How Helping Others Can Help You

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I’m someone that people often tell, “you’ve been through too much for someone your age.” I actually agree with them: loss of family members, loss of jobs, major heartbreak, major injuries and illnesses, robbery … you name it, it’s probably happened. Now thinking back on all that adversity, the aftermath of each incident has one commonality: at the time, I couldn’t stop thinking about what happened. Then, the more I thought about what happened the worse I felt because my mind would weave intricate stories about what it said about me.

Getting dumped and getting fired in the same week: you’re a loser.

Getting mugged: you should have been paying attention, what were you thinking?

I know this is a very sad way to start out a blog post; don’t worry it’s going to get optimistic in a second. Plus, I’m not being (almost humiliatingly) honest so someone can get out the sad violin. I’m talking about this openly because I hope someone out there struggling reads this and feels things will not only get better but also realizes there are some things you can do to move the healing process along.

From experience, I can say rule #1 to moving your life forward -- when you’re ready -- is this:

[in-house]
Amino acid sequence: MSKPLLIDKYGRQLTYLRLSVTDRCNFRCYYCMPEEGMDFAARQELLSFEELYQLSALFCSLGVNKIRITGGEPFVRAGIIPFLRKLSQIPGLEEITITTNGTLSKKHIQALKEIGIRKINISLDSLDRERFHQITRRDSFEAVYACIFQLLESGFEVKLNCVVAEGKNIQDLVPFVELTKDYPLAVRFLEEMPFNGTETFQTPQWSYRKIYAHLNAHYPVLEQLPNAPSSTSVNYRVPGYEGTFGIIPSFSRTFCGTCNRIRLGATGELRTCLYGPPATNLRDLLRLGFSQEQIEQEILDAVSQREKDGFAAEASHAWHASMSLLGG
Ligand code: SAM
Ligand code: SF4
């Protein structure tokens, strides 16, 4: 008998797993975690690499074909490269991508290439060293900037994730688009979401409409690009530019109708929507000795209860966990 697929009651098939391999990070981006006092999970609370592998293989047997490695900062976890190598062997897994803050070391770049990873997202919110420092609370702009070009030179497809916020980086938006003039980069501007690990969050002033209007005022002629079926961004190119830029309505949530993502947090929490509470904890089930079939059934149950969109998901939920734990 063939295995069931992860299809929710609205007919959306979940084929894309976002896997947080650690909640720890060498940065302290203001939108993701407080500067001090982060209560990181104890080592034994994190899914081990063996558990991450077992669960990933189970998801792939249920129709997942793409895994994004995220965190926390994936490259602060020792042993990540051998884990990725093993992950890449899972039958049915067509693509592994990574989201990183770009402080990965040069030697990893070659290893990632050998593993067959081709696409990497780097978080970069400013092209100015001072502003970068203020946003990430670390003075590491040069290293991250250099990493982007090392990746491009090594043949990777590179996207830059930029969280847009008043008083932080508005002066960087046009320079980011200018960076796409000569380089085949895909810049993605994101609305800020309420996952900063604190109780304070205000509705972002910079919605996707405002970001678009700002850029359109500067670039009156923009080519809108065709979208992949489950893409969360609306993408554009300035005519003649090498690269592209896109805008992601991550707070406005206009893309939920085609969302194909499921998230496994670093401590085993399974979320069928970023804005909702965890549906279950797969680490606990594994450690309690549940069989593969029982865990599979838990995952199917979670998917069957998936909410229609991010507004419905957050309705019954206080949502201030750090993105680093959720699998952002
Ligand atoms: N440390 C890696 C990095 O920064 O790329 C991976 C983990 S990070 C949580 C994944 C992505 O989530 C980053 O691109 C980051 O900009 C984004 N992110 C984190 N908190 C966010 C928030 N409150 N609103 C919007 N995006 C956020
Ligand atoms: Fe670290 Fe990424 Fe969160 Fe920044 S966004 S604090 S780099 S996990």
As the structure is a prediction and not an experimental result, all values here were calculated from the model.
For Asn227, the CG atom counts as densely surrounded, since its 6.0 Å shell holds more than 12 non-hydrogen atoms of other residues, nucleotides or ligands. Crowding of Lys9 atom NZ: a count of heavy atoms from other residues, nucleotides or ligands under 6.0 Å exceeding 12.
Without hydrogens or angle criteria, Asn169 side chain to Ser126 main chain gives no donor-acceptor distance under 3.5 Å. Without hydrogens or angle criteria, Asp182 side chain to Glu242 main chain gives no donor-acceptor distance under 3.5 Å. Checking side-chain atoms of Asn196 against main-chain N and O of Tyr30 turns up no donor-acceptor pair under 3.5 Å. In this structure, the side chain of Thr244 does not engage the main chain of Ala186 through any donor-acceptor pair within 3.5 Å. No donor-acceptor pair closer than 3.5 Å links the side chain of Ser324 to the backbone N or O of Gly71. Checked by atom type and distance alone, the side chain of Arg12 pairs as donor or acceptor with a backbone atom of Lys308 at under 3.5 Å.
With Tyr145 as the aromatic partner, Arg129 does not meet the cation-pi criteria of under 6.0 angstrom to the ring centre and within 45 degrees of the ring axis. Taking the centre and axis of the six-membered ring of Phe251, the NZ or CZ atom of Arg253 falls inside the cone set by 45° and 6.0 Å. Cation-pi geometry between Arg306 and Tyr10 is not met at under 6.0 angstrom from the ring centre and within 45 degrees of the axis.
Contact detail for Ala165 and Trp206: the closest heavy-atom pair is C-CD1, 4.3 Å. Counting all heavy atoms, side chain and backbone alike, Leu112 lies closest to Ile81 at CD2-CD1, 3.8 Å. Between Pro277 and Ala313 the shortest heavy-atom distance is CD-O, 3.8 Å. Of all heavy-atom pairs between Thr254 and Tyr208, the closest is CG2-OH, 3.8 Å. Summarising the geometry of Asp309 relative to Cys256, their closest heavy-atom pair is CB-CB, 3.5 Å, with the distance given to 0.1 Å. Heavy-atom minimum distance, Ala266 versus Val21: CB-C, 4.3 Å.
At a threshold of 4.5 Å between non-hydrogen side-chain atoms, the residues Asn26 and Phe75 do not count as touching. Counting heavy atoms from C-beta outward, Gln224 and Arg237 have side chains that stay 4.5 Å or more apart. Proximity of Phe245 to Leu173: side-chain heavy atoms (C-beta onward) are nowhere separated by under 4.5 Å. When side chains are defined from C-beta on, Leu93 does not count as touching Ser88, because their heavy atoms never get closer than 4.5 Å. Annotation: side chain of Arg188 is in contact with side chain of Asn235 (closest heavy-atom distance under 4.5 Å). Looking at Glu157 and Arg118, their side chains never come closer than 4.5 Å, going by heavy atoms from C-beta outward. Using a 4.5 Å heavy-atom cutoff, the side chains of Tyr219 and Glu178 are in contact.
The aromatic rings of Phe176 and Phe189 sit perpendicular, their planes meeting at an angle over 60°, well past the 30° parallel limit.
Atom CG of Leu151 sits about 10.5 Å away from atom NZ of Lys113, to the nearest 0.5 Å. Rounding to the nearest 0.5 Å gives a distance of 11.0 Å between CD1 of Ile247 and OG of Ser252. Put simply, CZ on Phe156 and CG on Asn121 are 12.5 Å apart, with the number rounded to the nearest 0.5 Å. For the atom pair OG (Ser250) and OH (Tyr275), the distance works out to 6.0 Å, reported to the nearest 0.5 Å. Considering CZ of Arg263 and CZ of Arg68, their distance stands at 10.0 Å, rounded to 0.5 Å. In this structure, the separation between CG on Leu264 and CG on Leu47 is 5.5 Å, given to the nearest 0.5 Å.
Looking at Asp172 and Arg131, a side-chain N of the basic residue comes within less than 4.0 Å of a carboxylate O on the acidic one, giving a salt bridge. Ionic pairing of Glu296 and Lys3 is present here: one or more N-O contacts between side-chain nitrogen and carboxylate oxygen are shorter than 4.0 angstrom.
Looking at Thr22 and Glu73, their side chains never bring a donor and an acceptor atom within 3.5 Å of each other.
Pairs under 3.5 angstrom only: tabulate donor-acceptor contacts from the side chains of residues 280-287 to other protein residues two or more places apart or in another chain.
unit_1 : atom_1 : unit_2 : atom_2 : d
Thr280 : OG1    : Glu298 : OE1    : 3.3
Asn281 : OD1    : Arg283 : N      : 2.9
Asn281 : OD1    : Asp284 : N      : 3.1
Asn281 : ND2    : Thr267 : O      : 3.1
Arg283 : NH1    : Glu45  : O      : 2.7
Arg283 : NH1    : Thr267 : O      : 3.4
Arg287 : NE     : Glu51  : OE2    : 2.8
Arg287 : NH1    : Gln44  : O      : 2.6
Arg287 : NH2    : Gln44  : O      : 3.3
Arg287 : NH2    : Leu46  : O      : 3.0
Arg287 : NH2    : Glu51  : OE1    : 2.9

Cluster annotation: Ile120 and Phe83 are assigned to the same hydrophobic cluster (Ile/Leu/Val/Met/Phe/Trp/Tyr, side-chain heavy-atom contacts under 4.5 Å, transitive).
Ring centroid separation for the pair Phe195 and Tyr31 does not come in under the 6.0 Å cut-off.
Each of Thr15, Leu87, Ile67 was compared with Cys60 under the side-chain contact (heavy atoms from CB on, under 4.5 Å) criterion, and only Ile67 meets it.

When you feel like a worthless pile of garbage, find someone to help and help them.

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Look I get it, the last thing you want to do is come to someone else’s rescue when lying in bed eating brownies and taking Xanax is much more soothing, but I’m going to imagine you’ve done enough of that already. When you’re ready to create something different in your life, you have to do something different to get new results, otherwise you perpetuate what you’re used to. Make sense?

To back this up, here are a few ways helping others is going to help you:

Helping someone else makes you feel useful, which makes you feel like what you do matters

Happiness expert Shawn Achor was recently on Oprah’s Super Soul Conversations Podcast talking about his book Before Happiness. In the interview, he said giving back is a happiness multiplier because you’re able to look back on the experience and have something in your mind that makes you smile. On top of that, doing something for others shows us how much power we have to change the reality around us. We are socially conditioned to notice the things in the world that make us powerless, but when you do an act of kindness it shows you that you can change your level of happiness in addition to someone else’s.

Helping someone else gets you out of your own head, so you can stop obsessing over your problems

Positive psychologist Mihaly Csikszentmihalyi explains that when we engage in activities that require focus and immersion, it elicits a “flow state” where the brain loses its sense of self-consciousness and quiets the inner-critic. So, if you volunteer for a weekend building a house for a family in need, or offer to help replant someone’s garden, you’ll get a temporary mental escape because you’ll be too busy getting dirt underneath your fingernails to run old stories through your noggin. While it is important grieve your story, taking a break is just as important so you don't get sucked down the rabbit hole.